For you trad climbers I know it will hard for you to tie each end of the rope to the rope bag.
LuckyPink

climber
the last bivy
Nov 13, 2012 - 08:05pm PT
if you top rope frequently or rap on a figure 8 device it will twist your rope. suspend both activities
Dingus Milktoast

Gym climber
And every fool knows, a dog needs a home, and...
Nov 13, 2012 - 08:10pm PT
Ah but master of kludge you're perhaps forgetting that one can twist the rope in the middle, to the point of kinking it the f*#k up, and not even get to the ends. End result is still a kinky rope.

A butterfly coil can introduce a kinking action from the center-line out. This results in counter-rotational spirals, ultimately cancelling each other out twist-wise, end-of-rope.

Eh?

DMT
Master of Kludge

Trad climber
Grizzly Gulch, WY
Nov 14, 2012 - 05:11am PT
lucky Pink,

my experience in the days of using a figure 8 was that they did twist the rope and were not mere just push existing twists to the end of the rope. By drawing a line on a rope as I describe earlier in this post you could keep track of such possible rotations.

One could fix the bottom end of the rope before using the 8. 8's seem to both push existing twists down the rope and create new rotations. But if the end is fixed while rappelling with an 8 no new twists can be added. We need an experiment!

Top Roping: depends on the anchors, extra rope beyond twice the climb height, whether it is twist free to begin with and how many 360 degree turns the belay and climber that do not cancel do while they are tied in. At 2 cliffs where we do a lot of both leading and top roping we use a rope that in length is 2X the climb heights, pairs of ramhorn anchors (modified open cold shuts) and the ropes never seen to get twists. Sometimes when the short ropes are in use one guy uses his 70m rope on these 50 ft climbs and it seems to be a pile of spaghetti.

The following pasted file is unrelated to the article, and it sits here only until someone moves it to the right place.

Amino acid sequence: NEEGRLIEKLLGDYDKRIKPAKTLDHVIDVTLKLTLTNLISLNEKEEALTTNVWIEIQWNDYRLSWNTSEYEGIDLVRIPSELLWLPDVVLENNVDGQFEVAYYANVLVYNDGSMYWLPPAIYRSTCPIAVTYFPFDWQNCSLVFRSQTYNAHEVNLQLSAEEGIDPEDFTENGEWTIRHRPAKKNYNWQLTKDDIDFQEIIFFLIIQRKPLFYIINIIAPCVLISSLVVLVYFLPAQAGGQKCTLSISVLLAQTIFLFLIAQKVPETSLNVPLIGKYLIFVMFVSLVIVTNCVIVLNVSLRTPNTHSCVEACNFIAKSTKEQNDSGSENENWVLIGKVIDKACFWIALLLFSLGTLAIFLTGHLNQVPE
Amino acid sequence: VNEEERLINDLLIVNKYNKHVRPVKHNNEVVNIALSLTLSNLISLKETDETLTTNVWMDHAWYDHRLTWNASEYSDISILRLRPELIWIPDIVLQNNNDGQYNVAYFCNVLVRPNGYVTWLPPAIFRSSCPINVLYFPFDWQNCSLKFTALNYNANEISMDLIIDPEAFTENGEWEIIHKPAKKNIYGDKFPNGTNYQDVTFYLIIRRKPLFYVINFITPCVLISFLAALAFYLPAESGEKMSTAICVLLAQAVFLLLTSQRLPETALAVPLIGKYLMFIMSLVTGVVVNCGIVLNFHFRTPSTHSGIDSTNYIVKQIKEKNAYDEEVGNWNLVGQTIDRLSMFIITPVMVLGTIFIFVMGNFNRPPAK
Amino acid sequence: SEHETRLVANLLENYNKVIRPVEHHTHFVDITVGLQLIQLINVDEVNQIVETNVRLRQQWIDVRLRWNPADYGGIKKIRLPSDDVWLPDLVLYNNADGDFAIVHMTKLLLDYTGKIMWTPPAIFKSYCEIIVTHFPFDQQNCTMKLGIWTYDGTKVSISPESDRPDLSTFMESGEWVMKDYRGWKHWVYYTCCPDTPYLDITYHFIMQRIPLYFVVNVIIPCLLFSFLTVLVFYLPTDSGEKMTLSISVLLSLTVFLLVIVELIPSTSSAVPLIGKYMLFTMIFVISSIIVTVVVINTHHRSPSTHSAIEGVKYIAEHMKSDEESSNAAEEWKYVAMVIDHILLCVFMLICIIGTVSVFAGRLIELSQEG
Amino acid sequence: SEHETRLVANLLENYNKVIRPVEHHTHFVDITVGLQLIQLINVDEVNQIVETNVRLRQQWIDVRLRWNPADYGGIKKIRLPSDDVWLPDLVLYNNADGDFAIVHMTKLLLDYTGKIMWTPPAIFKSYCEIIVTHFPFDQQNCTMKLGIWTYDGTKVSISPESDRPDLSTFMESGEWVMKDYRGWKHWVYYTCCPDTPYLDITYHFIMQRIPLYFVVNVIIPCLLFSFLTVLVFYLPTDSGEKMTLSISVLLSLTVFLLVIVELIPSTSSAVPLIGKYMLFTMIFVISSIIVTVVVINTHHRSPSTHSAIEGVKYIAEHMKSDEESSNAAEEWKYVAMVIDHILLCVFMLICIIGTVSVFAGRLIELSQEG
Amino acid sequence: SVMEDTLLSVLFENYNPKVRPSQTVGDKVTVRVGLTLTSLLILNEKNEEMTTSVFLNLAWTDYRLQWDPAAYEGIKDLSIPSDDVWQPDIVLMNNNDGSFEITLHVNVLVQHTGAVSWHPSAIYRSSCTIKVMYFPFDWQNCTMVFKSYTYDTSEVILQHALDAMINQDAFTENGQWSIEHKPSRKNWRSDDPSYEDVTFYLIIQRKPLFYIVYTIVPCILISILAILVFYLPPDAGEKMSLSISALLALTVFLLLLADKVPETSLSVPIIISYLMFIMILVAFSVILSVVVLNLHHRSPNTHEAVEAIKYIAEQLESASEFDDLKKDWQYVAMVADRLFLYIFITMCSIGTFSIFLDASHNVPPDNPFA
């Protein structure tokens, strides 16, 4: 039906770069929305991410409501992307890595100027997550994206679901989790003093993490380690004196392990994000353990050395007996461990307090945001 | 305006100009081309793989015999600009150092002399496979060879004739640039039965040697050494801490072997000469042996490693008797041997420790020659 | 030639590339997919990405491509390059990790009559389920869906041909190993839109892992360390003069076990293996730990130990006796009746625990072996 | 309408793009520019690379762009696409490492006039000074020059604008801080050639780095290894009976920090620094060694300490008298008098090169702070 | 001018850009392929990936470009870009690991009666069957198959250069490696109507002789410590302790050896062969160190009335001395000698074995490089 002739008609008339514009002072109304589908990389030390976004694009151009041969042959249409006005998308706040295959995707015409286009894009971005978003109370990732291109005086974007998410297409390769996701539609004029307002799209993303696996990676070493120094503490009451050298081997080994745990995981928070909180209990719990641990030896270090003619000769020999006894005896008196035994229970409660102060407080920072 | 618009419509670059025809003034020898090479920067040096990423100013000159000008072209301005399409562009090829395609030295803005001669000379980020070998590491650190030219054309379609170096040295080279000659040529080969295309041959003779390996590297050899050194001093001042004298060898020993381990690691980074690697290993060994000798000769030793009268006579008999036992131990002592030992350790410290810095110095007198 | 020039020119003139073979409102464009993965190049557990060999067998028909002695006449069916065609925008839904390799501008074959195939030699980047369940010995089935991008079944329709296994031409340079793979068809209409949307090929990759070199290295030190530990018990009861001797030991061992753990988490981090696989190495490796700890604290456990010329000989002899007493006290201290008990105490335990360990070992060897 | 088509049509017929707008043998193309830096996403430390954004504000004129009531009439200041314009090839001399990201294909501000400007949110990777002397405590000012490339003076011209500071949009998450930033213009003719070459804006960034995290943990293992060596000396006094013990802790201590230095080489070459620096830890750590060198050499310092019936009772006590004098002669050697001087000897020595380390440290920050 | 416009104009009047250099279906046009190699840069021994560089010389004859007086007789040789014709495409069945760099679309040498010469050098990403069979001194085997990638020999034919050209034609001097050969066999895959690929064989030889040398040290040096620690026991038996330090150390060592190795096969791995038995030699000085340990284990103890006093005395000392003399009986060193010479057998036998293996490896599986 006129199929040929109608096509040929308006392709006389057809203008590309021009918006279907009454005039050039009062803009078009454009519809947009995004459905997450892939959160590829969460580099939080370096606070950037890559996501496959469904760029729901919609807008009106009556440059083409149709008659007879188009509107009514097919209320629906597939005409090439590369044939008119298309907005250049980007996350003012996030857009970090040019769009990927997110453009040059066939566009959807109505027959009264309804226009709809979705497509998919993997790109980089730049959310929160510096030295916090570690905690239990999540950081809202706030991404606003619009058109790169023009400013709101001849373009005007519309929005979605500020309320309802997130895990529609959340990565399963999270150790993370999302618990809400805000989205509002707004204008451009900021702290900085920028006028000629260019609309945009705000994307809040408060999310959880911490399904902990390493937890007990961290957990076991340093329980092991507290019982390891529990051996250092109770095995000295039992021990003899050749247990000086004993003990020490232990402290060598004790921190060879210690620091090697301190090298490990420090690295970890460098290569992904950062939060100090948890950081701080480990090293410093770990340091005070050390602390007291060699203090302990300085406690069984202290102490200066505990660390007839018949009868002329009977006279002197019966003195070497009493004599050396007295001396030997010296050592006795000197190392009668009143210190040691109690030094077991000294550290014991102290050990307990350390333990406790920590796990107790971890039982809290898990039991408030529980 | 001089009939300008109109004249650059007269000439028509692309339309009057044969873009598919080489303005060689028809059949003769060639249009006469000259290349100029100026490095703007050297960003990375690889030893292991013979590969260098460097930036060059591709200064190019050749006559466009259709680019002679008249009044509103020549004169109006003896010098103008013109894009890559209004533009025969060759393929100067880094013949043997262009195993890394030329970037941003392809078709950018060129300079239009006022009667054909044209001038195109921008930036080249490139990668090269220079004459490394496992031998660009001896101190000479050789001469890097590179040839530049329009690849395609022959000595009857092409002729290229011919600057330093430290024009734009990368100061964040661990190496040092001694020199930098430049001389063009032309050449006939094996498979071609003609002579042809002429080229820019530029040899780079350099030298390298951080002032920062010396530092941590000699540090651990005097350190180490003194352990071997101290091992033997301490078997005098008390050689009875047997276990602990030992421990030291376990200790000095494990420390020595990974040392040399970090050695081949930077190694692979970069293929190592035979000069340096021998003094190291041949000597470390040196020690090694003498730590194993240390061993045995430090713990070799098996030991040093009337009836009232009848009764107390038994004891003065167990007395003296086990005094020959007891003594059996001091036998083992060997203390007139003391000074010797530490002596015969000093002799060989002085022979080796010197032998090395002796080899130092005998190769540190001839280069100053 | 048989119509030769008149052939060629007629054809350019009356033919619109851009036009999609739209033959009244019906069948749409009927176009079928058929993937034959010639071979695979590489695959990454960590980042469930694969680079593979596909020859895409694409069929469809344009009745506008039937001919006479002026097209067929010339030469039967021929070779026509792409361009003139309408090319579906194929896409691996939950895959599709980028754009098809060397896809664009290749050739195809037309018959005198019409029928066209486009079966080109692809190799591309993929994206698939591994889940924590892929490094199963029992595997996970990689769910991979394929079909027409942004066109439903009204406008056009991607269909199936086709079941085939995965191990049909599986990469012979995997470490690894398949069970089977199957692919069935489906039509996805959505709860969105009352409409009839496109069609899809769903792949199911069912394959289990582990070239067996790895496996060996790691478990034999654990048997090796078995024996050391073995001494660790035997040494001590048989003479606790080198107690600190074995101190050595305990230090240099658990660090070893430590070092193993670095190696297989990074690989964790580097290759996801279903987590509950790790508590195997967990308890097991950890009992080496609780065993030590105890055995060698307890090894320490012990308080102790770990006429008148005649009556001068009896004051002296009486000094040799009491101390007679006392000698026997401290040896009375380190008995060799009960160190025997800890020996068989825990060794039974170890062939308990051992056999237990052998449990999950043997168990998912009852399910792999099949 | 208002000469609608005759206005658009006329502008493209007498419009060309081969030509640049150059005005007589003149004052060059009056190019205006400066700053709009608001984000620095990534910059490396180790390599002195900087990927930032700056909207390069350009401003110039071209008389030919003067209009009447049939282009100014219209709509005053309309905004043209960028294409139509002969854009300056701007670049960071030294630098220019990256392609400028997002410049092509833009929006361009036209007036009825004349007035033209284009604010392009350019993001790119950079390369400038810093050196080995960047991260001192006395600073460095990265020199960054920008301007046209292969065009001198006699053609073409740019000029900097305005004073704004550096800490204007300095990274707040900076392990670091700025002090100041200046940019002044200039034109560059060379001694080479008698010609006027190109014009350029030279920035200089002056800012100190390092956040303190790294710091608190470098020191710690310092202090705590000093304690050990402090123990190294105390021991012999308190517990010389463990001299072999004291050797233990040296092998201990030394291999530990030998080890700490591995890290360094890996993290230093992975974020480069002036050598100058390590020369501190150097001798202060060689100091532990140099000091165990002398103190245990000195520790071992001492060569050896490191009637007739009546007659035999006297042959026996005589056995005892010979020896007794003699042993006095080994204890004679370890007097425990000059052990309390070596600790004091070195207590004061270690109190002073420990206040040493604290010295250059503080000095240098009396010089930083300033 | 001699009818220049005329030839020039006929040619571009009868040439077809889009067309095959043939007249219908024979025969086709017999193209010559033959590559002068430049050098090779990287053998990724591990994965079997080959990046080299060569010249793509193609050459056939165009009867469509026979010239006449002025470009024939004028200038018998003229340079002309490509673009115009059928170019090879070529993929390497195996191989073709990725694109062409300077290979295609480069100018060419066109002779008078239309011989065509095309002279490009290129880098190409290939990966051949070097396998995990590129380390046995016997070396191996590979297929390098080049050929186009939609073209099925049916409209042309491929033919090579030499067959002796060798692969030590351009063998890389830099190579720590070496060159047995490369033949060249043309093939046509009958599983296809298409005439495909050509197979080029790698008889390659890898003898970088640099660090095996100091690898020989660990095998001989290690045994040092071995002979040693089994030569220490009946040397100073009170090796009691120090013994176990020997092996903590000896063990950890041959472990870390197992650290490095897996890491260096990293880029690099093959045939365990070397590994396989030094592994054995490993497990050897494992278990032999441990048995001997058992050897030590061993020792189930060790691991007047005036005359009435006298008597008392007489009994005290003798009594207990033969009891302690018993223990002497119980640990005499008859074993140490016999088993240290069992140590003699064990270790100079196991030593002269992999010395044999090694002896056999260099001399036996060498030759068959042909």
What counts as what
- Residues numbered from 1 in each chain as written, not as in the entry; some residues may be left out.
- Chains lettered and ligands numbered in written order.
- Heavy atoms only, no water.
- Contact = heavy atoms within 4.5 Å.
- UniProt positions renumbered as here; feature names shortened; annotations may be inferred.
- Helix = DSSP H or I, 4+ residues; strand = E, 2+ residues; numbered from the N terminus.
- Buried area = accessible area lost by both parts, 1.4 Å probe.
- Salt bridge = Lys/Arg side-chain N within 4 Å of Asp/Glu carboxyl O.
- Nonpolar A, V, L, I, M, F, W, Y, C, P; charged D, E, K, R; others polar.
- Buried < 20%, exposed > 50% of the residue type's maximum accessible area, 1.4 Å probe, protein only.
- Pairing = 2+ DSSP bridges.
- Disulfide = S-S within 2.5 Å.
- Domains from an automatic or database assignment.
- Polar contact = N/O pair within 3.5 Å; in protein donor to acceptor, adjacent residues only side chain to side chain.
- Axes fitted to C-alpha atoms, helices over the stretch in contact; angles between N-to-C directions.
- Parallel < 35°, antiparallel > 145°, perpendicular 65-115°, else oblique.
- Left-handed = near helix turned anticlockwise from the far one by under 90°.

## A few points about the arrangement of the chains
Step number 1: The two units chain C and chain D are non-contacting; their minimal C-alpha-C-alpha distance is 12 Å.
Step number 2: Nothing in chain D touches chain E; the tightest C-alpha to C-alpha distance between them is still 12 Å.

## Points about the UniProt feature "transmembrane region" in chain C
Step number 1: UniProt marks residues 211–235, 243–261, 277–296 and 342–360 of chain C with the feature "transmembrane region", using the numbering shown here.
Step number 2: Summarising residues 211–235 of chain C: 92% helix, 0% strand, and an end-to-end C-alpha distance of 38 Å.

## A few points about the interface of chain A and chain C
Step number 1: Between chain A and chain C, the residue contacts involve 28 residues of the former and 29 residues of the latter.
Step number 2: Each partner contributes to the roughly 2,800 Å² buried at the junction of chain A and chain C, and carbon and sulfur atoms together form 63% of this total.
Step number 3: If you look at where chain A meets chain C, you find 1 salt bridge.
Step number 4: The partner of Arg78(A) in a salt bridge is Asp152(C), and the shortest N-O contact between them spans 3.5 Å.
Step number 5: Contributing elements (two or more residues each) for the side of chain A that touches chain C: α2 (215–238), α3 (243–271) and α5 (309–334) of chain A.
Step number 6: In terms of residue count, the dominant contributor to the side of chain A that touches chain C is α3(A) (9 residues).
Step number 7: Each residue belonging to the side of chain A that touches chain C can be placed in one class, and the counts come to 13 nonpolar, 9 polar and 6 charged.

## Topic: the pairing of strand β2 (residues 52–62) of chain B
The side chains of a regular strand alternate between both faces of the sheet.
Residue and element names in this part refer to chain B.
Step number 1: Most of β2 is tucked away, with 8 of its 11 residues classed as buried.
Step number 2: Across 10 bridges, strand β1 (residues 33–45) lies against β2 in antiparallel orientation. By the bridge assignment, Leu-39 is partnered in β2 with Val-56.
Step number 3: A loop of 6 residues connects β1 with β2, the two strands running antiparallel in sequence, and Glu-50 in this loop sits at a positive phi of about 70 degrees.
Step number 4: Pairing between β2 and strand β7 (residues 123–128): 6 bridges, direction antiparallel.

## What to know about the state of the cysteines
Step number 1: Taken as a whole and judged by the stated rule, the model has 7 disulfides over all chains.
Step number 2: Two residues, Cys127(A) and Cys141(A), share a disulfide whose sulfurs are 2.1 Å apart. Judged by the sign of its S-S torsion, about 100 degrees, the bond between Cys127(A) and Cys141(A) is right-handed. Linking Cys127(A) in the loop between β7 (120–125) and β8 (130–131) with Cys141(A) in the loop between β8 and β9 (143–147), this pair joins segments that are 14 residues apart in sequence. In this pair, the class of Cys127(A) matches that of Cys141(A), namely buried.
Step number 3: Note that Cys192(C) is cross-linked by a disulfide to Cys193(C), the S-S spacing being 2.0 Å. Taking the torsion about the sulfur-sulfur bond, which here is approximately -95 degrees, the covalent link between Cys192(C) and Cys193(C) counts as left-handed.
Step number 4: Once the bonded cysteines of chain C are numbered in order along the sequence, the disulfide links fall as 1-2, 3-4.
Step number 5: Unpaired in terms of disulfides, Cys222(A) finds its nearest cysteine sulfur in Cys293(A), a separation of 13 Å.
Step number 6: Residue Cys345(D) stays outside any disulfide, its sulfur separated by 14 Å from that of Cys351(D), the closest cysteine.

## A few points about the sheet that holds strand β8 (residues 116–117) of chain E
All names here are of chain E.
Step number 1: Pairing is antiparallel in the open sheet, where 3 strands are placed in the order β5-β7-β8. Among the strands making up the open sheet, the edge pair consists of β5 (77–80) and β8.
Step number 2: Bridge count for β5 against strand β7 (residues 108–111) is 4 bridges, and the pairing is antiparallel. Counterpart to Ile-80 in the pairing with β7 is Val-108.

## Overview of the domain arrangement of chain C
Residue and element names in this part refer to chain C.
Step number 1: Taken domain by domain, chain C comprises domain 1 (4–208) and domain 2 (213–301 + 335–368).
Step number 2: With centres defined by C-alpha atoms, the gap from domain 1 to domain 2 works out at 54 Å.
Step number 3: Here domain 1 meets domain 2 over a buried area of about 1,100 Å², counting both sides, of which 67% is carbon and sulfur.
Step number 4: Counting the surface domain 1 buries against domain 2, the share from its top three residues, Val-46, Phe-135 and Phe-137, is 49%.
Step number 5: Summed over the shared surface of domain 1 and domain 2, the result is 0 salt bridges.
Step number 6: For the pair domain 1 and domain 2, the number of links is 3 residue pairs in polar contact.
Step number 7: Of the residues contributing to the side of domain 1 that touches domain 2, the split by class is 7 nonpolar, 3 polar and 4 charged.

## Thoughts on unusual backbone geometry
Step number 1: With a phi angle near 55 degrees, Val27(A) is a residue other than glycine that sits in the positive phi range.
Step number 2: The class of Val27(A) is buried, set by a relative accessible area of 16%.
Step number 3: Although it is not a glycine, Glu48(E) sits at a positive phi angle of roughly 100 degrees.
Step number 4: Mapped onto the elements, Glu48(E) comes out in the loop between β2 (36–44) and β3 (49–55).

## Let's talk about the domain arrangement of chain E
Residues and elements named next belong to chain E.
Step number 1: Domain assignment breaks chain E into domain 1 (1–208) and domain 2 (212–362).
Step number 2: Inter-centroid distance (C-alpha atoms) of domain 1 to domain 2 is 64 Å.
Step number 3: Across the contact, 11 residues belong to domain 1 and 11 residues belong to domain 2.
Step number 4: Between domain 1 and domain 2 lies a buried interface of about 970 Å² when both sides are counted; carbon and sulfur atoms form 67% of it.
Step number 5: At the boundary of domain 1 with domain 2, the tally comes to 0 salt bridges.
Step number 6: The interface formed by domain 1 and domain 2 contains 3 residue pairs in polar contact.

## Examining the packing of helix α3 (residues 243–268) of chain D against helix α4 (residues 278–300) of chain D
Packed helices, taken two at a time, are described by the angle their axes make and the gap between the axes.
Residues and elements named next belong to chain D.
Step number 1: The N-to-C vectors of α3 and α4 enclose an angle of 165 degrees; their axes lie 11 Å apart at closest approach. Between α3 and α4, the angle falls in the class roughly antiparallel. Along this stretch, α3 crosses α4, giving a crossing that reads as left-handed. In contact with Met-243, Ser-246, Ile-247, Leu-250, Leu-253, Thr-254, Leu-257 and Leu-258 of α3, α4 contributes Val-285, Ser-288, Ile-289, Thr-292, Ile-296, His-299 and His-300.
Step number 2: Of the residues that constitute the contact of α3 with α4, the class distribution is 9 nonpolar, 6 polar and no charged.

Master of Kludge

Trad climber
Grizzly Gulch, WY
Nov 14, 2012 - 05:23am PT
DMT,

The butterfly like coil would seem to generate no kinks when the ends are fixed as tied on a rope bag. Collect the rope to the bag by pulling simultaneously or ropes together from the 2 knots. Actually you can lay it in any fashion you want working to the middle marker and laying the middle on the finished top of the pile.

At next use of the rope, if you grab this middle marker and walk it out to where you just begin dragging the rope bag you will have no new twist in the rope. For use pull the rope back to the bag on the belayer's end single stranded and give the other knot end to the lead climber.

To do this you will have to undo any knots and pseudo twists you may have put into it while collecting it. I call these pseudo twists because you cannot put a twist into the rope without rotating one end with respect to the other and since the rope was knotted on both ends the ends could not be rotated.

Messages 1 - 27 of total 27 in this topic
Return to Forum List
Post a Reply
 
Our Guidebooks
Check 'em out!
SuperTopo Guidebooks


Try a free sample topo!

 
SuperTopo on the Web

Review Categories
Recent Trip Report and Articles
Recent Route Beta
Recent Gear Reviews